This document describes in more detail how the Instart platform generally functions and how its components are structured.
This document assumes that the Instart CDN is being used. Some of our features can be used with other CDNs.
First, it will help to describe at a high level what happens when an end user requests a URL from a site that is using the Instart service.
After that, we'll discuss the components of the service and what their functions are.
Following a browser request through the service
Let's trace what happens when someone sits down at their computer, opens a browser and sends a request to a URL that is routed through the Instart service.
The user's browser sends the request for a web page. The request first goes to DNS to find out the IP address corresponding to the domain name. DNS returns the IP address of the closest Instart server using Global Load Balancing instead of the customer's actual origin server. Armed with this information, the browser sends its request to that IP address.
The request arrives at the Instart server. Here, the request is examined, and by the domain name, the proper configuration for the Instart customer (which specifies their domains, which optimizations they have enabled or disabled, etc.) is applied. It then checks to see if this request has already been seen and might therefore be in the cache.
It then performs any applicable processing. Let's say the response to the user's request includes dynamically-generated HTML and JPG images, and that Image Transcoding and HTML Streaming are both enabled for this domain. As it sends the HTML and the image files on to the requesting user, the service also directs copies of the HTML and the JPG files to the HTML processing service and the image processing service, respectively.
The image processing service transcodes the image data, reducing its size by automatically determining the appropriate amount of quality reduction to apply to it using SmartVision (most images can be reduced in quality such that the number of bytes is significantly reduced without noticeably affecting their appearance).
Meanwhile, the HTML processing service externalizes and caches the HTTP headers and the contents of the HTML head element.
Now let's consider what happens when a subsequent user requests this same page (after the HTML Streaming service has seen enough requests to learn how to externalize cacheable content – by default, after the fifth request).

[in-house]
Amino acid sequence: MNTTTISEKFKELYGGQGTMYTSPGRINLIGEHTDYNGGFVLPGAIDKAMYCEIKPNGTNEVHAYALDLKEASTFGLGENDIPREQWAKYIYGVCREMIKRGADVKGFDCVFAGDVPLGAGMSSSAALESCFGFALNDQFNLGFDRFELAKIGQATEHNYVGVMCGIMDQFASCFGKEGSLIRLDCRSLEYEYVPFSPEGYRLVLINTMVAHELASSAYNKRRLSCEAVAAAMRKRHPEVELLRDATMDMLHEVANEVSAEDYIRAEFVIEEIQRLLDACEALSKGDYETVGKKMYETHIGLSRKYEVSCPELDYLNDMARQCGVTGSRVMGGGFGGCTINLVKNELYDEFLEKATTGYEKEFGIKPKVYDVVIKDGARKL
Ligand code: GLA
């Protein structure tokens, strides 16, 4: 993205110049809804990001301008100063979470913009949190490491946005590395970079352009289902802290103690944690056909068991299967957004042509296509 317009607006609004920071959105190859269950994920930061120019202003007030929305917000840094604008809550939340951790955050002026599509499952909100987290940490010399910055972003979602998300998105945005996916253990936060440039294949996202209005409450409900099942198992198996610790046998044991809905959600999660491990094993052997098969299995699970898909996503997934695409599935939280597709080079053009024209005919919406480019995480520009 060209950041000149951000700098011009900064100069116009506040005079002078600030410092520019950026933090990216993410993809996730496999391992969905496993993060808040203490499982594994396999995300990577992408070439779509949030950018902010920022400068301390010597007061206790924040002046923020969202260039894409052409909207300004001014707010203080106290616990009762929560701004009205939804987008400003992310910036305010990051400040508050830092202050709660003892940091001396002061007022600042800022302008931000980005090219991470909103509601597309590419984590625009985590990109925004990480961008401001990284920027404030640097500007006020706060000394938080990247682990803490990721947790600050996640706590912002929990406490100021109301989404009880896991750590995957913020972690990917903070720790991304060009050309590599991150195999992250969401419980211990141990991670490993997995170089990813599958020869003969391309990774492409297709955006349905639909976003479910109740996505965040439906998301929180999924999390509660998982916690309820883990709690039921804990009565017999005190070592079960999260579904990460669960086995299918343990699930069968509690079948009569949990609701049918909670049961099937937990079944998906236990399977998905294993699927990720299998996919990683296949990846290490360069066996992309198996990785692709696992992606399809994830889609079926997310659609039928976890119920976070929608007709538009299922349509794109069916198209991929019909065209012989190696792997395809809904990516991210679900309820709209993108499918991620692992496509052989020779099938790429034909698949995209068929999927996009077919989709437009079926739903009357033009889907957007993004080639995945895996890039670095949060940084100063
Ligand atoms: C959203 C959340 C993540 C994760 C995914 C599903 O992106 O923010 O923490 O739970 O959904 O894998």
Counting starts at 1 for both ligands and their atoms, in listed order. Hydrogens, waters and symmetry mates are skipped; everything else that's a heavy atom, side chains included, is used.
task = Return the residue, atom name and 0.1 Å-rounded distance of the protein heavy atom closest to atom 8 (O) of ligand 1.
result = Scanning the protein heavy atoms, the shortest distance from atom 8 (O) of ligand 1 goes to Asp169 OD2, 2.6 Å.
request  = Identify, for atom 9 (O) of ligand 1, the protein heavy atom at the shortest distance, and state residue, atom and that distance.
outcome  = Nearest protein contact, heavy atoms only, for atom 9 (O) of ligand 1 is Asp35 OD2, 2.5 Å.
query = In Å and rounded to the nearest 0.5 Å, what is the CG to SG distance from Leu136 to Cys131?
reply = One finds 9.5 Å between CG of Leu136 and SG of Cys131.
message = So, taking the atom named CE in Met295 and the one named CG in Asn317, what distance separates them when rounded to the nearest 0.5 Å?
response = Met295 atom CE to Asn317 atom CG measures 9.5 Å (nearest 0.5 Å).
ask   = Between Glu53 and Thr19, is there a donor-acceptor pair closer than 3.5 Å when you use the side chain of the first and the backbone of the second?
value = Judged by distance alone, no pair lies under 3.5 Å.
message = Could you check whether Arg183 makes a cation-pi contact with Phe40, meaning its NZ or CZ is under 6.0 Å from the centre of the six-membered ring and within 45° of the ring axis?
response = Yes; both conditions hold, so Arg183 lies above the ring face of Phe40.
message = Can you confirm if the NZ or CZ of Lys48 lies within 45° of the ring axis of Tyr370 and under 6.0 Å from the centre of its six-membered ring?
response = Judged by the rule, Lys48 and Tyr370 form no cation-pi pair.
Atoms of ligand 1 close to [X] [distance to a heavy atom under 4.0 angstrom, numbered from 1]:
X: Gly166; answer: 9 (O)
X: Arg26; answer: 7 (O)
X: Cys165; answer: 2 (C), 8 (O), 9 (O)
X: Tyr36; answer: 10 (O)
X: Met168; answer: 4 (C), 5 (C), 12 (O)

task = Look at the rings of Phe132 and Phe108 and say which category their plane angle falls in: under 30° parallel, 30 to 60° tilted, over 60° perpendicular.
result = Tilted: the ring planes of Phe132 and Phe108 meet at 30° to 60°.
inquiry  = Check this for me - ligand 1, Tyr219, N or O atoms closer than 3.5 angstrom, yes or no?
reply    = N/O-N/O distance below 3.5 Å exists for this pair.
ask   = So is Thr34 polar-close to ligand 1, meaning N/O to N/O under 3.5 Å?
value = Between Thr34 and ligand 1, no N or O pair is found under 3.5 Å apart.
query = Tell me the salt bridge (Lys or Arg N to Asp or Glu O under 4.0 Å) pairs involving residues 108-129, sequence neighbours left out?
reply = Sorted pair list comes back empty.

Again, the service examines the request. This time, it finds that the page's elements are in the cache. It looks at the cache control headers and determines that the cached content is still fresh. It now does the following:
- sends the first part of the HTML which is non-unique (such as the HEAD section)
- sends the Nanovisor
- sends the transcoded image
In the user's browser, the non-unique HTML arrives first, warming up the browser. The Nanovisor is then loaded and executed, which starts to download the remaining non-unique parts of the page.
The result is that the page and its images are displayed faster in the browser, and the page appears to the user and is ready to interact with almost instantaneously.
Instart service network architecture
The following sections describe the major building blocks of the Instart service. First, we'll discuss the cloud part of the client-cloud architecture. This will be followed by a description of the client part, the Nanovisor.
At each of Instart's PoPs, the service, running on a cluster of servers, directly handles the requests from user's browsers. It consists of several major components:
High-performance proxy web server
Instart uses the open-source, high-performance HTTP server and reverse proxy Nginx. Unlike traditional servers, Nginx doesn't rely on threads to handle requests. Instead it uses a much more scalable event-driven (asynchronous) architecture. This architecture uses small, but more importantly, predictable amounts of memory under load. Nginx has an active community of developers and powers a large number of high-traffic sites, such as Netflix, Hulu, Pinterest, and many others.
Web application partitioning and streaming services